While the stage is being set for the Winston-Salem Open tennis match over at Wake Forest, the city’s daily newspaper committed an unforced error.

This week the Journal ran with a newsroom poll under the hed, “9 restaurants we need in and around Winston-Salem right now,” rattling off several chain restaurants that have not made their way to Forsyth yet.

It’s the sort of click-baity list that barely raises a ripple when it’s compiled by bots or hack freelancers in some other market (looking at you, onlyinyourstate.com) or even flacks looking to create “native advertising” for their corporate overlords.

But in scripting this ode to the wonders of Carvel, Popeyes, Shake Shack, Tim Horton’s and whatever’s spinning off this burgers-and-bowls movement in the fast-casual restaurant sphere, the city’s daily newspaper managed to go against months of editorial subtext in the paper, and in the process alienate every local, independently owned eatery in the city.

Seriously, foodie Facebook is going nuts.

We could go down the list item by item and name a better, local version of what the writer craved. Miss Ora’s or Slappy’s chicken can stand against Popeyes any day; great burgers are in abundance in Winston-Salem right now, at a price point that would put Shake Shack to shame; and don’t give me that Tim Horton’s nonsense.

But the Journal’s big mistake was running this thing at all, considering that for the past few months, the paper’s editorial mission has seemed to include driving people downtown during the interminable Business 40 construction so that they could… you know… support the restaurants run by our friends and neighbors who have been holding on during this rough stretch.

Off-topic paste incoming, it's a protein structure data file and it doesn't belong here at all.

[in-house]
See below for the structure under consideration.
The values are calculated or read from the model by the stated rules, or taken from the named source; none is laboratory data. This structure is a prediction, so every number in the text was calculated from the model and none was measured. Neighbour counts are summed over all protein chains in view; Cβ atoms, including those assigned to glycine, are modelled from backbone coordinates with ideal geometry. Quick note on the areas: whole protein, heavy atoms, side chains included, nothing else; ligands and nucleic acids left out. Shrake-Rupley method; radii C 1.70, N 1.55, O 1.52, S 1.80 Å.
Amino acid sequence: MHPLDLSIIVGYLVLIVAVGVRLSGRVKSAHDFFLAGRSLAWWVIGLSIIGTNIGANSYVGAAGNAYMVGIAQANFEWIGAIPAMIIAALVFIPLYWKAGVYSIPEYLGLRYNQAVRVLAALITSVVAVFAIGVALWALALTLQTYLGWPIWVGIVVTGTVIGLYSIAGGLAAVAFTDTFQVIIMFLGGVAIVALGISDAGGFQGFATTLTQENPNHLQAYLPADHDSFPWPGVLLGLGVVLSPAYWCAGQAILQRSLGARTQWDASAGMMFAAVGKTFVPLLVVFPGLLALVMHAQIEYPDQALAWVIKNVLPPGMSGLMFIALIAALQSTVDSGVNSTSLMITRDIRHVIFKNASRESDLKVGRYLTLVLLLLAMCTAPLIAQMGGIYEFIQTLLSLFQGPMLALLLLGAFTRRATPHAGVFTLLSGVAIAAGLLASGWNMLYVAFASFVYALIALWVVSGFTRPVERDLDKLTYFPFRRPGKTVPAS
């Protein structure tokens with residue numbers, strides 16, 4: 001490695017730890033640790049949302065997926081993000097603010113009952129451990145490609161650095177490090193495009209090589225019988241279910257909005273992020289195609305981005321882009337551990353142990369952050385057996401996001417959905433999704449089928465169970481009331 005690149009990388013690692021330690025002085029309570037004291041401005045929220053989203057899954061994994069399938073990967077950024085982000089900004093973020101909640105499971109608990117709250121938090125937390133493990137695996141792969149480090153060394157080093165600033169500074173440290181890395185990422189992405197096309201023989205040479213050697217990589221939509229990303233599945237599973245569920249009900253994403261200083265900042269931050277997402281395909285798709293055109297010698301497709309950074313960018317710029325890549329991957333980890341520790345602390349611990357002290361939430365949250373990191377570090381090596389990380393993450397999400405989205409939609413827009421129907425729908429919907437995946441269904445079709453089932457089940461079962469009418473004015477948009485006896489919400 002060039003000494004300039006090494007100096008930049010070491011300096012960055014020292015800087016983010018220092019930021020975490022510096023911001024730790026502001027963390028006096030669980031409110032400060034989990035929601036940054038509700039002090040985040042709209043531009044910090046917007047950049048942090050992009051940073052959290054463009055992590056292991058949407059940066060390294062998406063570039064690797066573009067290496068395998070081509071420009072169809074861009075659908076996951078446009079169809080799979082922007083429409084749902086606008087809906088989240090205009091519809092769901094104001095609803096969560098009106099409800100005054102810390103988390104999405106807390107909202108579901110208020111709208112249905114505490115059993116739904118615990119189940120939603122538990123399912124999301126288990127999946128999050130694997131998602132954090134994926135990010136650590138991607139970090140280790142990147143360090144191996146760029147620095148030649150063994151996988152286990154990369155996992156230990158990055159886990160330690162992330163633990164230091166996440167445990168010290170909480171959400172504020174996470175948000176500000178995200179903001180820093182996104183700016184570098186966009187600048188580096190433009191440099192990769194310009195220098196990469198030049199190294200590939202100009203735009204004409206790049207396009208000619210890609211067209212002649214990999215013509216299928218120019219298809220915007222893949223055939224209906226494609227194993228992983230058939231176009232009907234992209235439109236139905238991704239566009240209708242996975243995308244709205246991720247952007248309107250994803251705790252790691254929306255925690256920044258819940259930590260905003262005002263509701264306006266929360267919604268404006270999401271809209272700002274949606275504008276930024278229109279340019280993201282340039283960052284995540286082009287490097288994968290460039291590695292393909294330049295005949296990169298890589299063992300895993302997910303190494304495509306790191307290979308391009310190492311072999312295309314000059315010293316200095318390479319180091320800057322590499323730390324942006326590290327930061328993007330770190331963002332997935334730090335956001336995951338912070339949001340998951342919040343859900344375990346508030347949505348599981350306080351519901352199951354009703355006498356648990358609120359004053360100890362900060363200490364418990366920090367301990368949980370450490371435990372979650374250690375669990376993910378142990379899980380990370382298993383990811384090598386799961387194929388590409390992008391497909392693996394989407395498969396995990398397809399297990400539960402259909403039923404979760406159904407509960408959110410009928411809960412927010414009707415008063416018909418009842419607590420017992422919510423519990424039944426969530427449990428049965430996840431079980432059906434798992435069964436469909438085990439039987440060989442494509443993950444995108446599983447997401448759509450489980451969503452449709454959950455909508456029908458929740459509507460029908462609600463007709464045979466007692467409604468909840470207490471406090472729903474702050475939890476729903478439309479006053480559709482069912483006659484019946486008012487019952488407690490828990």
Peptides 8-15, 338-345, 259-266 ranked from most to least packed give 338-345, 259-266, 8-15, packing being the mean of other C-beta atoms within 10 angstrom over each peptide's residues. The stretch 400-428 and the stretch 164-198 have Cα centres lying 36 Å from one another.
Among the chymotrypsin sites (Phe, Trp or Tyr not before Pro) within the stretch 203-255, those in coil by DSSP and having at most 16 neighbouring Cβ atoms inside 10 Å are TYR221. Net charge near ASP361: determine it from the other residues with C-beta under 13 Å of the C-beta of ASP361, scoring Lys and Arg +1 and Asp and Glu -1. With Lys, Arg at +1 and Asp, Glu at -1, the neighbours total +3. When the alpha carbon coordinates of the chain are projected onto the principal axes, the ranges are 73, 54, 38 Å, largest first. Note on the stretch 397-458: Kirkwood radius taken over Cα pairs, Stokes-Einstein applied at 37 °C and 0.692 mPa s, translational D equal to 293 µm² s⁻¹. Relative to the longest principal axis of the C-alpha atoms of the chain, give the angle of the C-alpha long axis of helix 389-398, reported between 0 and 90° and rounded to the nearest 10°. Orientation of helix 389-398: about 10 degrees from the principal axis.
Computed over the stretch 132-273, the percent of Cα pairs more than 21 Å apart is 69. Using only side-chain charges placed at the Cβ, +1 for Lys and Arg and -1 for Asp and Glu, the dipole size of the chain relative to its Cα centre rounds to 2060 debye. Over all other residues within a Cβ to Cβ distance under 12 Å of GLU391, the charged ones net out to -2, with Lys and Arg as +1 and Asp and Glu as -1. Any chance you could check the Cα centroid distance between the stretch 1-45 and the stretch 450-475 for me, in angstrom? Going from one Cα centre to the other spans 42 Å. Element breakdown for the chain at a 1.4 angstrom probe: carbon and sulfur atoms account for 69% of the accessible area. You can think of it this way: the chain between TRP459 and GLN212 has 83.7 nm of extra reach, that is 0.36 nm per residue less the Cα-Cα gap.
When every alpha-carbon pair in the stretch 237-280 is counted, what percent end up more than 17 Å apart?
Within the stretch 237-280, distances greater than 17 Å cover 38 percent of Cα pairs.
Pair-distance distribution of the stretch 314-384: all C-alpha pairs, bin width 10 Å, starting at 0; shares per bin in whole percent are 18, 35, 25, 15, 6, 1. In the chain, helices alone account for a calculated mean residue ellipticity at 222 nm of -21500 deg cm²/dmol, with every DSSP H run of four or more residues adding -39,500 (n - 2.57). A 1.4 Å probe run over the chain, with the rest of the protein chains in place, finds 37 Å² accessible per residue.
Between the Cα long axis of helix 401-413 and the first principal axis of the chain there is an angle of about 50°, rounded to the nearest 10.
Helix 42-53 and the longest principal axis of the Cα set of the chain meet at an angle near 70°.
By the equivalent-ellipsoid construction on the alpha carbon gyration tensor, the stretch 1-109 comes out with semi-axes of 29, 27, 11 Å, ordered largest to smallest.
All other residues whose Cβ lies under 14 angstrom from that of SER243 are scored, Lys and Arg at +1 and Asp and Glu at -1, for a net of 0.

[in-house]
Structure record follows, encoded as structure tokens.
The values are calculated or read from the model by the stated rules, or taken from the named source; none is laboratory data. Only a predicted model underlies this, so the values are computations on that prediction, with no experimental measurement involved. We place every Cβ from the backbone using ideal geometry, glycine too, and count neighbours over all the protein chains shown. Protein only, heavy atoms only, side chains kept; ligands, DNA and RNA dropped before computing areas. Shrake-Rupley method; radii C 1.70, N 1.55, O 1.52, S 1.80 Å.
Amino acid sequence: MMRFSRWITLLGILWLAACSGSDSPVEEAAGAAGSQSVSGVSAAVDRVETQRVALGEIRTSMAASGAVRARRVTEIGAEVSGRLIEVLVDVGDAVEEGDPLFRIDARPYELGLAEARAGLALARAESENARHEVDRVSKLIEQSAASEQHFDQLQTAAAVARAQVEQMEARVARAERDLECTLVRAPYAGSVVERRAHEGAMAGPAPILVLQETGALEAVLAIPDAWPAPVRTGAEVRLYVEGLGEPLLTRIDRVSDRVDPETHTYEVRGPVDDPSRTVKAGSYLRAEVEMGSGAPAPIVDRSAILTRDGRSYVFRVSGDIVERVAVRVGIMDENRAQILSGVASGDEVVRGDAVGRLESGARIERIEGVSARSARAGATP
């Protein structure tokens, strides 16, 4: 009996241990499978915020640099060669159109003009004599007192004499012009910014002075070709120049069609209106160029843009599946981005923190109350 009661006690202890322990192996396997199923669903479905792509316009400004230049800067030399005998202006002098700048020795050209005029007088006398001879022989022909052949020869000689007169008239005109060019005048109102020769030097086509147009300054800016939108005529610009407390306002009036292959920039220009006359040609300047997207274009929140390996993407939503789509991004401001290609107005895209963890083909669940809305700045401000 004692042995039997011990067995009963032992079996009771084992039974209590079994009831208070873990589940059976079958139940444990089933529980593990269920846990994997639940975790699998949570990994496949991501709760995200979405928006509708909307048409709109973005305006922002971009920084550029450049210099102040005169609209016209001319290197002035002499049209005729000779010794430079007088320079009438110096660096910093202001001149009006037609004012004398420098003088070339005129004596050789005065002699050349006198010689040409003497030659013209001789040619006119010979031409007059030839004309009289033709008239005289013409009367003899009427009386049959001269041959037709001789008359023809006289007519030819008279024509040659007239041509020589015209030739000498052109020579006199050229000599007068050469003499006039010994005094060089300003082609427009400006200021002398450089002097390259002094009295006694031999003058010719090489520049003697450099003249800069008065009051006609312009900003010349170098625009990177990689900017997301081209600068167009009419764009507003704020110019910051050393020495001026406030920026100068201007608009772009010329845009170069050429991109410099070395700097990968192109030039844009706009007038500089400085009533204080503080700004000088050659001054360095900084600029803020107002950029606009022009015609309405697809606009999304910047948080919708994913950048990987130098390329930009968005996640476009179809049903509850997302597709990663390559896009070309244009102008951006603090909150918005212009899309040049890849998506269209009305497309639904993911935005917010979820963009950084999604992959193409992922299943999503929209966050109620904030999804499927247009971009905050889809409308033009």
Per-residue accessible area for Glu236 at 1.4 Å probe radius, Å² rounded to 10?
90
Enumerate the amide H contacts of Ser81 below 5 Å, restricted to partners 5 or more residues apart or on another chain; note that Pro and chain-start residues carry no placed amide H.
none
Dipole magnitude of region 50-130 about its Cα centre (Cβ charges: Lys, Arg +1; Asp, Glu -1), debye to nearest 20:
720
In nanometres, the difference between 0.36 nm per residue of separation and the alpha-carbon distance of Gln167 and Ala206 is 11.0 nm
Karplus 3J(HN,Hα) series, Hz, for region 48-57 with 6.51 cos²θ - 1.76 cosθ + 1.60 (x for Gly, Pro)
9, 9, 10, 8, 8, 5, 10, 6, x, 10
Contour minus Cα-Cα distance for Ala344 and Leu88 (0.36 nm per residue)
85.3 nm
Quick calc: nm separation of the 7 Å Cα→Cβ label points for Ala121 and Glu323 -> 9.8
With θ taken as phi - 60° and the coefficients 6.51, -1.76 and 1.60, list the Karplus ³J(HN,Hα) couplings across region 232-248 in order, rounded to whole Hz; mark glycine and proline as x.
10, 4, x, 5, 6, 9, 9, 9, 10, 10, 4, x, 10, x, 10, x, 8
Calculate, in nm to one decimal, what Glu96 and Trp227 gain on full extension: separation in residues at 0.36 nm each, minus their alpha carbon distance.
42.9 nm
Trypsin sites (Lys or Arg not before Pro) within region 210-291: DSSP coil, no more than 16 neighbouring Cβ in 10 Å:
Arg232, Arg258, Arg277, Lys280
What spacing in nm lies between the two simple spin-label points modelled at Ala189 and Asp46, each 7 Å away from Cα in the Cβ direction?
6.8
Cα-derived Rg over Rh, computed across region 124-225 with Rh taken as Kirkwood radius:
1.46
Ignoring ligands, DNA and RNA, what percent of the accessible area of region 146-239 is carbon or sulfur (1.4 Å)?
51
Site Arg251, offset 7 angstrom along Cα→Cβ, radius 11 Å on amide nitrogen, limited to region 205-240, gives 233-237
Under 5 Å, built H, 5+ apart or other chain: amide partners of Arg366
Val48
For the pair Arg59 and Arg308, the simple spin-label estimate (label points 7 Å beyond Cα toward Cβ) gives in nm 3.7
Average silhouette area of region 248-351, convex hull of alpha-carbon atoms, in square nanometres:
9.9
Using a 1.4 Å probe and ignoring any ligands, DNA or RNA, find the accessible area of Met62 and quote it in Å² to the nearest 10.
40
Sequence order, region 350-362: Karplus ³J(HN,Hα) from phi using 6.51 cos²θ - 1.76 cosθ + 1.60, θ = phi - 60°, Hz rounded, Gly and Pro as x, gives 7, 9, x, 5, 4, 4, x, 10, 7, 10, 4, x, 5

And to top it off, it’s sort of insane. One of the conclusions of the poll was that we need more Cracker Barrels.

This is why I have called some daily newspapers “culturally illiterate.” And this is what happens when you ask everybody in the newsroom what they really want for lunch and try to turn it into a story.

3 COMMENTS

  1. As the owners of the WSJ continue to wring every last nickel of the paper, I can no longer bring myself to purchase the paper, especially in light of price increases that occur, as the paper is stripped of more and more content. John Hood’s presence in the paper is the final straw!
    I hope the Editor has in hand the WSJ’s Last Edition.

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